Anew dark matter search was performed between January and June, 2010,and 100 days worth of data from this run have been analyzed. Threecandidate events were found within the pre-defined parameters in whichthe WIMP signal is expected to appear. However, these events, whilecoming from true particle interactions in the detector, are consistentwith predictions of two such events resulting from radioactivebackgrounds. Thus evidence for dark matter cannot be claimed, but a newupper limit for the strength of its interaction with normal matter couldbe calculated. These results represent the best limits to date. Theynarrow the possibilities open to supersymmetric particle physicstheories that predict the nature of dark matter.

XENON100 has achieved the lowest background among all dark matter experiments worldwide (Physical Review D (2011),arXiv:1101.3866). Since the data presented here were collected, theintrinsic background from radioactive krypton in the xenon fillingXENON100 has been reduced to an unprecedented low level and thedetectors' performance has been improved as well. Even as new data arebeing collected in these improved conditions, the scientific team ispreparing a next-generation dark matter search experiment featuring adetector that will contain more than 1000 kg of liquid xenon as afiducial WIMP target. With further reduction in overall backgroundradiation, XENON1T promises to be a hundred times more sensitive thanXENON100.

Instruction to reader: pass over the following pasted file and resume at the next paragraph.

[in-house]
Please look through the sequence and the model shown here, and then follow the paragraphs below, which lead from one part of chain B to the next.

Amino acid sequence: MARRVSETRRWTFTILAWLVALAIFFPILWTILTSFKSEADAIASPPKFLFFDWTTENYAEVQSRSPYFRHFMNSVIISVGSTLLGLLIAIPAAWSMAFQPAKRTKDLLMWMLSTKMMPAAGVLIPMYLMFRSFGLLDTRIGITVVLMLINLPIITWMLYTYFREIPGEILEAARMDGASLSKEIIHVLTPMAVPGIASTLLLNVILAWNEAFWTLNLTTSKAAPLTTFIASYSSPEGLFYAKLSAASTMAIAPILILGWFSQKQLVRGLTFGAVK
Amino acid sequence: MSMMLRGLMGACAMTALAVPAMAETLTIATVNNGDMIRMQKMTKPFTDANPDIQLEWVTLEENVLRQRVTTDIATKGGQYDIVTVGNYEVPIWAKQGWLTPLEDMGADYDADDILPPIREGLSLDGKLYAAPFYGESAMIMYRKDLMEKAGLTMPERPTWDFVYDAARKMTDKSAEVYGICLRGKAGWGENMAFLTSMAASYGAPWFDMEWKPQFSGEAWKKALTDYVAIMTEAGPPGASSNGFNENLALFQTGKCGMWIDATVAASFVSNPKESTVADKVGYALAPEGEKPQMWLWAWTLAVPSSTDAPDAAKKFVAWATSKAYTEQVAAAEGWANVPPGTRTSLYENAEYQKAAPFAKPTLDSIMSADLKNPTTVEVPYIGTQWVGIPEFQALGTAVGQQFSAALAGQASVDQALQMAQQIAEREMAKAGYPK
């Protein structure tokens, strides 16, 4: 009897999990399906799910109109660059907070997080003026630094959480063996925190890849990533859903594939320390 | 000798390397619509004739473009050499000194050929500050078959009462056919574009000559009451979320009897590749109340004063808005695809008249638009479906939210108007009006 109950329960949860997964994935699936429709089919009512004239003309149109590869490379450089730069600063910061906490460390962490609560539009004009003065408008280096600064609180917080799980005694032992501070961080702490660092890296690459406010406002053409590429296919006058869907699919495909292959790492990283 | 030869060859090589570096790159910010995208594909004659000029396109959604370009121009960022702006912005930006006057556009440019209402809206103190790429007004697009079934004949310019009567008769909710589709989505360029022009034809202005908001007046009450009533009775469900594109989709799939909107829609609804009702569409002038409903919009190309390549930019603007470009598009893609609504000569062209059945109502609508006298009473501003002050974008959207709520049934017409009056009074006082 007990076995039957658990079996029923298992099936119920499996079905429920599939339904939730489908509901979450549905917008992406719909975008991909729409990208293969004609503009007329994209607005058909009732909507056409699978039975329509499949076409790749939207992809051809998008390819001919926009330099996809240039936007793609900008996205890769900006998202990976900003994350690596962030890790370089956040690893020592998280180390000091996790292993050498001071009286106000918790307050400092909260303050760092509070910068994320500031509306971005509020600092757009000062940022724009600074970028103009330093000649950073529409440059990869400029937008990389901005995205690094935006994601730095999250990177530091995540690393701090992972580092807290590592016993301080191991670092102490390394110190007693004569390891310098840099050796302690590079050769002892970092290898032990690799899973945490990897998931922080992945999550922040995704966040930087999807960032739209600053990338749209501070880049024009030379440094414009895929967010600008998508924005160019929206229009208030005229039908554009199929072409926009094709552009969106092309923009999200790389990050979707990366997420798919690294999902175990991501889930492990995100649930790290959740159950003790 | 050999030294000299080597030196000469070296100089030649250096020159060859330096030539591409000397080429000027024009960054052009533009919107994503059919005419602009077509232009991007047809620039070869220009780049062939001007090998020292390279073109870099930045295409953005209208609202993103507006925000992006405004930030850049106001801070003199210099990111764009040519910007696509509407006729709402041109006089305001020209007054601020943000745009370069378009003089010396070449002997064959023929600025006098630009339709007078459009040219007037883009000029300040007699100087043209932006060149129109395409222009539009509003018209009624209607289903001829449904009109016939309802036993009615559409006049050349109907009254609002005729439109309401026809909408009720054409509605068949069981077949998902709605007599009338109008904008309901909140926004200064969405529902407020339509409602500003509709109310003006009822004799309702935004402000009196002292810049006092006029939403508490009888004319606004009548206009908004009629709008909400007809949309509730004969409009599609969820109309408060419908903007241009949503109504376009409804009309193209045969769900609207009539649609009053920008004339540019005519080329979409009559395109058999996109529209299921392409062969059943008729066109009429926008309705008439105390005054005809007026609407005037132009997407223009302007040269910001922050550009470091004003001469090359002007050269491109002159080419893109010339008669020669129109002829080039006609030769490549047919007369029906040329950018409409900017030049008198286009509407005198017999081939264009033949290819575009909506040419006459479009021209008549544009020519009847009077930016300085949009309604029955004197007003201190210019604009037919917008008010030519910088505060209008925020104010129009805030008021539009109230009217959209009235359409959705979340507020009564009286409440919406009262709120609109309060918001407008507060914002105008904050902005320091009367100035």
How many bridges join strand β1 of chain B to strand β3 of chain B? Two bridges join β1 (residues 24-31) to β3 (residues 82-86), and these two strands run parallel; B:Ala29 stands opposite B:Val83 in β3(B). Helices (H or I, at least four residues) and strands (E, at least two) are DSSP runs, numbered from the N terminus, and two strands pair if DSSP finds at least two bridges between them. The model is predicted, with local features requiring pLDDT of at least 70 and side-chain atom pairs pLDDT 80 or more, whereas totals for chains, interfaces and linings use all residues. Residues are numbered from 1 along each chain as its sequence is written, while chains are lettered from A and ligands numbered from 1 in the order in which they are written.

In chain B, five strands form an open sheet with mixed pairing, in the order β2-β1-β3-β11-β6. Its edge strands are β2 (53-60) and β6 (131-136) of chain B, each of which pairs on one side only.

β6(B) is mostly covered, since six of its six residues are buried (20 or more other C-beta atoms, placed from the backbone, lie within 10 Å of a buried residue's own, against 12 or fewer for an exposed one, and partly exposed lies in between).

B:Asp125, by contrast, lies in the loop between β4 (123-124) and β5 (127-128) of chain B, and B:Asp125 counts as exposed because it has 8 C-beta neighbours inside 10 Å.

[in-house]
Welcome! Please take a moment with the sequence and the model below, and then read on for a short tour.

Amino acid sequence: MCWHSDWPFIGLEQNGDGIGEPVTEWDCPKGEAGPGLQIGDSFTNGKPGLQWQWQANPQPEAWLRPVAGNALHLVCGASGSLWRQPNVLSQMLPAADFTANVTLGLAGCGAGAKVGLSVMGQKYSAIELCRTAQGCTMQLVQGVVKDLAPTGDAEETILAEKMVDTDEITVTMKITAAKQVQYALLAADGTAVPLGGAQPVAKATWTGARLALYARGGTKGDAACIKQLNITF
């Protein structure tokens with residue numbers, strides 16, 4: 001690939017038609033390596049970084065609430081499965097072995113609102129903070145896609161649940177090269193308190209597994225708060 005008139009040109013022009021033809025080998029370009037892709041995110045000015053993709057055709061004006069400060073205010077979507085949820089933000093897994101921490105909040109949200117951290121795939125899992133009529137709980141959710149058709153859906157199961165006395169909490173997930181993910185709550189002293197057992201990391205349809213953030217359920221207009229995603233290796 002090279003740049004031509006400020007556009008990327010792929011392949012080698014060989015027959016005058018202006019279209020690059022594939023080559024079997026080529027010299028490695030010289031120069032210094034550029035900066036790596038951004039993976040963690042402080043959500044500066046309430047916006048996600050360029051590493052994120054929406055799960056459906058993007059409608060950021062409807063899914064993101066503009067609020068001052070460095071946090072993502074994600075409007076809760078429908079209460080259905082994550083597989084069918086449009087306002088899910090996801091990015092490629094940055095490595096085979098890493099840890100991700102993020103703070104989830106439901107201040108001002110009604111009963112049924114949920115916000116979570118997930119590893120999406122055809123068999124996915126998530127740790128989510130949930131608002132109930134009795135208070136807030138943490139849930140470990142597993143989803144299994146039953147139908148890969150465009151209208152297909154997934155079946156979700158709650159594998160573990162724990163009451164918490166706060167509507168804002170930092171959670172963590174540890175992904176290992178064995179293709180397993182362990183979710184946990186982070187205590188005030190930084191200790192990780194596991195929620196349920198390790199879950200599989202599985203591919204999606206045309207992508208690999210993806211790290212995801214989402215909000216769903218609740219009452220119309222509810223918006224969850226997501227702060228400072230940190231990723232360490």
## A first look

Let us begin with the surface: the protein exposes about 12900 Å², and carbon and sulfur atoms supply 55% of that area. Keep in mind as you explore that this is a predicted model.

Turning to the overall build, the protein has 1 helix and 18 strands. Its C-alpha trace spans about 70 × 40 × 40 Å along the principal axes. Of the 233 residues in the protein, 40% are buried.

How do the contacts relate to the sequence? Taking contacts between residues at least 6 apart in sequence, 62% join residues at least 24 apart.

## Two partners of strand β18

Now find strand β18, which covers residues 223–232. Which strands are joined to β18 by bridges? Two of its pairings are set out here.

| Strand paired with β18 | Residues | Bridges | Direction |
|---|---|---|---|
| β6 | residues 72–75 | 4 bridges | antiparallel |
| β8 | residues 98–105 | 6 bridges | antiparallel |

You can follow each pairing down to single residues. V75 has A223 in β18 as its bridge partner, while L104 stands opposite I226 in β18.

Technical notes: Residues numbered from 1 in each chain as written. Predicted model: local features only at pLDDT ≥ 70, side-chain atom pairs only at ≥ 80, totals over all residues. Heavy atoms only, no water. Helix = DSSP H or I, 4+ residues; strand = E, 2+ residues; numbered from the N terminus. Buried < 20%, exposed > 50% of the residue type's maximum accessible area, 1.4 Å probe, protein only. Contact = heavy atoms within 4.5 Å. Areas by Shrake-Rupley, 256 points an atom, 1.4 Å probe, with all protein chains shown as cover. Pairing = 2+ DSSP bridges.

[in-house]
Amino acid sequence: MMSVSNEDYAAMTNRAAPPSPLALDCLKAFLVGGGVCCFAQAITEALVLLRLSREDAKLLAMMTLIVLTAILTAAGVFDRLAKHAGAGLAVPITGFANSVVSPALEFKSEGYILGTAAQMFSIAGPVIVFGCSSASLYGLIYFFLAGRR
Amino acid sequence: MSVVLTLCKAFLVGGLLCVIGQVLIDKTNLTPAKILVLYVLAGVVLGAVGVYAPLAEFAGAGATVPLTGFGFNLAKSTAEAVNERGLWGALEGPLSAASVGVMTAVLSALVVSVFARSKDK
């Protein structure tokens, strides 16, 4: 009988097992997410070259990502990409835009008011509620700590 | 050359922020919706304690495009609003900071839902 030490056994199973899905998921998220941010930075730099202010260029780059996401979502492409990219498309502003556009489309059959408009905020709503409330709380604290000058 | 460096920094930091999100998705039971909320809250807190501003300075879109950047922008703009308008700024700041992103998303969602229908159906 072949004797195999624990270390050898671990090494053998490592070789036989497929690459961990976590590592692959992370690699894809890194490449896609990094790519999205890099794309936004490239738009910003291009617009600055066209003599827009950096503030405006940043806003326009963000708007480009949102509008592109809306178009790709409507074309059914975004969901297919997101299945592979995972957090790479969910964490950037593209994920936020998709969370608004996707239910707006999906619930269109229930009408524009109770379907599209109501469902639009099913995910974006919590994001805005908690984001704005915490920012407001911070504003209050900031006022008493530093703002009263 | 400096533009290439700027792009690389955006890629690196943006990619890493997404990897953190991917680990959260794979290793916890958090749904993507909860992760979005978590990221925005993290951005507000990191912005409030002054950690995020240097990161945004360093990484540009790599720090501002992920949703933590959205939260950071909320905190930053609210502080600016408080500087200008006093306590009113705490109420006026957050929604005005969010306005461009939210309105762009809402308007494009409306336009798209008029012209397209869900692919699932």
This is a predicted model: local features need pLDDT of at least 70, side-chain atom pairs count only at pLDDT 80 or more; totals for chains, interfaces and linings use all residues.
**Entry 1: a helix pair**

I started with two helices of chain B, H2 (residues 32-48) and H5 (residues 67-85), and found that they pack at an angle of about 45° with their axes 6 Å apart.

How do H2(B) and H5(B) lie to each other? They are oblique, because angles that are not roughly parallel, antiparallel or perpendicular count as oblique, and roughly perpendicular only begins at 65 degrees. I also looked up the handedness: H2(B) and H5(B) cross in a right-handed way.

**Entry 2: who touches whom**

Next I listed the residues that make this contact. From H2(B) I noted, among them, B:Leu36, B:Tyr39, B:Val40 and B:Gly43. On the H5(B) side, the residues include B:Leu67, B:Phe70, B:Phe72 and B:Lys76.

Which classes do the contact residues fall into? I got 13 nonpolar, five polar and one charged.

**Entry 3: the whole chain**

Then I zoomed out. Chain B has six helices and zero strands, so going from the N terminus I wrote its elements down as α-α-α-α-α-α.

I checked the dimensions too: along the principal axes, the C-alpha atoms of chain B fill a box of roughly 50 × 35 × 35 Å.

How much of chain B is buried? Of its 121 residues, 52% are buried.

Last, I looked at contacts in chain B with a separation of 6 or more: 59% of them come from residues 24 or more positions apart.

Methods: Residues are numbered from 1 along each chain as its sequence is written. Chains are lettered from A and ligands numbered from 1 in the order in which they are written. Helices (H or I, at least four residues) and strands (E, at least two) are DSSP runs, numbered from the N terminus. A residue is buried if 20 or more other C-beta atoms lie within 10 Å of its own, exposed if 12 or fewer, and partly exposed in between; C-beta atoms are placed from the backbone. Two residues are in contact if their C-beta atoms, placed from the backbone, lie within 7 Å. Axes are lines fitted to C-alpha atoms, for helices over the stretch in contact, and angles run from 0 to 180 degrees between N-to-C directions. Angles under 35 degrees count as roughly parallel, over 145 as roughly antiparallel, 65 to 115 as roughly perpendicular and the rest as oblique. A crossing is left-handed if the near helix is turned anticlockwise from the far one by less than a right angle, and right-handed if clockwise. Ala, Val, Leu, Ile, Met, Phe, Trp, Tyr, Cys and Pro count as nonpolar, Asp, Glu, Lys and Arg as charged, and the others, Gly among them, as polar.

TheXENON collaboration consists of 60 scientists from 14 institutions inthe USA (Columbia University New York, University of California LosAngeles, Rice University Houston), China (Shanghai Jiao TongUniversity), France (Subatech Nantes), Germany (Max-Planck-InstitutHeidelberg, Johannes Gutenberg University Mainz, Willhelms UniversitätMünster), Israel (Weizmann Institute of Science), Italy (LaboratoriNazionali del Gran Sasso, INFN e Università di Bologna), Netherlands(Nikhef Amsterdam), Portugal (Universidade de Coimbra) and Switzerland(Universität Zürich).

XENON100is supported by the collaborating institutions and by the NationalScience Foundation and the Department of Energy in the USA, by the SwissNational Foundation in Switzerland, by l'Institut national de physiquedes particules et de physique nucléaire and La Région des Pays de laLoire in France, by the Max-Planck-Society and by DeutscheForschungsgemeinschaft in Germany, by the Weizmann Institute of Science,by FOM in the Netherlands, by the Fundação para a Ciência e Tecnologiain Portugal, by the Instituto Nazionale di FIsica Nucleare in Italy andby STCSM in China.

Prof. Amos Breskin's research is supported by the Nella and Leon Benoziyo Center for High Energy Physics; and the estate of Richard Kronstein. Prof. Breskin is the incumbent of the Walter P. Reuther Chair of Research in Peaceful Uses of Atomic Energy. Prof. Ehud Duchovni's research is supported by the Nella and Leon Benoziyo Center for High Energy Physics; and the Yeda-Sela Center for Basic Research. Prof. Duchovni is the incumbent of the Professor Wolfgang Gentner Chair of Nuclear Physics. Prof. Eilam Gross' research is supported by the estate of Richard Kronstein.